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Power by design

Fender PX2216D powered mixer

Article from The Mix, December 1994

Innovative PA concept


Fender's new PX2216D puts a new twist on the concept of the powered PA mixer. As Chris Kempster discovers, its innovative features ensure that the sum is definitely greater than the parts...

PX2216D (aerial shot)


Have you ever turned up to a gig with your powered mixer, only to find there's nowhere to place it atop of? So you put it on a wobbly table, risking it crashing to the ground halfway through your set. Then you find that the close proximity of the amplifier and mixing circuitry causes excessive hum, seriously denting your rock'n'roll credibility. If these problems sound familiar, then you're going to love Fender's new line in powered mixers, the PX2200 series.

Combining a well-specified mixer with a 300 watt/channel power amp and digital effects may sound even run-of-the-mill nowadays, but it's the clever design of the PX-2216D (and its brothers) that makes it stand out from the crowd.

Design



No, it's not a new type of deckchair, it's the 8 channel baby of the family

The major difference between the PX-2216D and other powered mixers is that the mixer and amplifier are separate. It might then seem strange to call it a powered mixer, but the use of the term is justified since the two units are built into a sturdy case, which doubles up as a stand. Very clever. The connections from the mixer to the amp are made within this case, so all you need do at the gig is plug your instruments into the desk, and your speakers into the amp. At first the design seems a little convoluted, but once you've set up and packed away a few times, you wonder why no-one's come up with a similar idea before now.

The mixer itself has sixteen inputs (on the PX-2216D), and its facilities make for impressive reading. The three-band EQ is augmented by two graphic EQs which can be used on the monitor mixes. Talking of which, the PX2216D has two monitor mixes, which is incredibly handy, and nice to see on a desk in this price range.

The master section includes digital effects, as seems to be the norm these days, with 127 patches to choose from, including halls, vocal plates, delays and autopanning.

In use



Having the power amp and mixer separate definitely gives the PX-2216D the edge in terms of audio performance. Where you'd normally expect a certain amount of hum, there is eery silence (aren't all your gigs like that? - Ed) The inclusion of insert points is always nice to see, and the colour-coded pots make for easy reading in the semidarkness of yer local small venue. Not that you have to endure semi-darkness if you don't want to - Fender have thoughtfully included a BNC lamp socket for those who like to see what they're doing.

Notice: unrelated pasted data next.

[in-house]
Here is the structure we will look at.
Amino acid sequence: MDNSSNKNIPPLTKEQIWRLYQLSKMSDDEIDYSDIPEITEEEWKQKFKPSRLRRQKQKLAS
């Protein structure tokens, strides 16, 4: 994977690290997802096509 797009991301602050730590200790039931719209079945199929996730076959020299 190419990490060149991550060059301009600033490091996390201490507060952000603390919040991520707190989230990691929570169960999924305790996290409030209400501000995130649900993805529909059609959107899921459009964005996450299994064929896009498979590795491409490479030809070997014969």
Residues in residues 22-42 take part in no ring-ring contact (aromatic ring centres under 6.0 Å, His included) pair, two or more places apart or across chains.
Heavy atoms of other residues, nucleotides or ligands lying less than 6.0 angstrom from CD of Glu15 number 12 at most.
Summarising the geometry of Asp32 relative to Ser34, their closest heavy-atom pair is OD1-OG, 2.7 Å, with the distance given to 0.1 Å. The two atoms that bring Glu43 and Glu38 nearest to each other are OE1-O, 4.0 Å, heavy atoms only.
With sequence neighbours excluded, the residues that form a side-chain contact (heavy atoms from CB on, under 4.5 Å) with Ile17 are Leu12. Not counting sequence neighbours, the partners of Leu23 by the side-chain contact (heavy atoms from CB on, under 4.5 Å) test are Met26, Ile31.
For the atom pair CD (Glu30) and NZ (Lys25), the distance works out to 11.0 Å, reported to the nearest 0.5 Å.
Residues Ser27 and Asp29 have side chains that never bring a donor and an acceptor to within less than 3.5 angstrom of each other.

The 300 watt/channel power amp that comes with the PX-2216D certainly knocks out enough sound for most pubs and small clubs, and it's capable of delivering a well-rounded and controlled sound, if used with suitable cabs. Overall the PX-2216D was very straightforward to operate, while giving an extremely capable performance.

Verdict



In coming up with a radical approach to powered mixer design, Fender have killed several birds with one stone. The age-old hum problem is solved by keeping the amplifier and mixer circuitry separate, and the standalone nature of the unit is also a definite bonus.

Fender have put a lot of thought into the design, and this is apparent in the many little touches that make it a joy to use, such as the two monitor sends, the graphic EQs, the option of lighting, and the simple panel layout.

If compactness and convenience are qualities you appreciate in a powered mixer, then there's none with more ingenuity than the PX-2216D.

The essentials...

Price inc VAT: £1742

More from: Arbiter Group, (Contact Details)

Spec check

Mixer section

Frequency response: 20Hz-40kHz
Distortion: <0.025%
Signal to noise ratio: >90dBu
Dynamic range: 116dB
Adjacent channel crosstalk: -85dB

Power amp section

Power output: 300watts @ 4 Ohms (PX116D)
Power bandwidth: 10Hz-68kHz
Total harmonic distortion: <0.03%
Hum and noise: 95dB below rated output
Sensitivity: 1.8dBv



Previous Article in this issue

Driving in the fast lane

Next article in this issue

Monitor Mix


Publisher: The Mix - Music Maker Publications (UK), Future Publishing.

The current copyright owner/s of this content may differ from the originally published copyright notice.
More details on copyright ownership...

 

The Mix - Dec 1994

Donated by: Colin Potter

Coverdisc: Mike Gorman

Control Room

Gear in this article:

Mixer > Fender > PX-2216D

Review by Chris Kempster

Previous article in this issue:

> Driving in the fast lane

Next article in this issue:

> Monitor Mix


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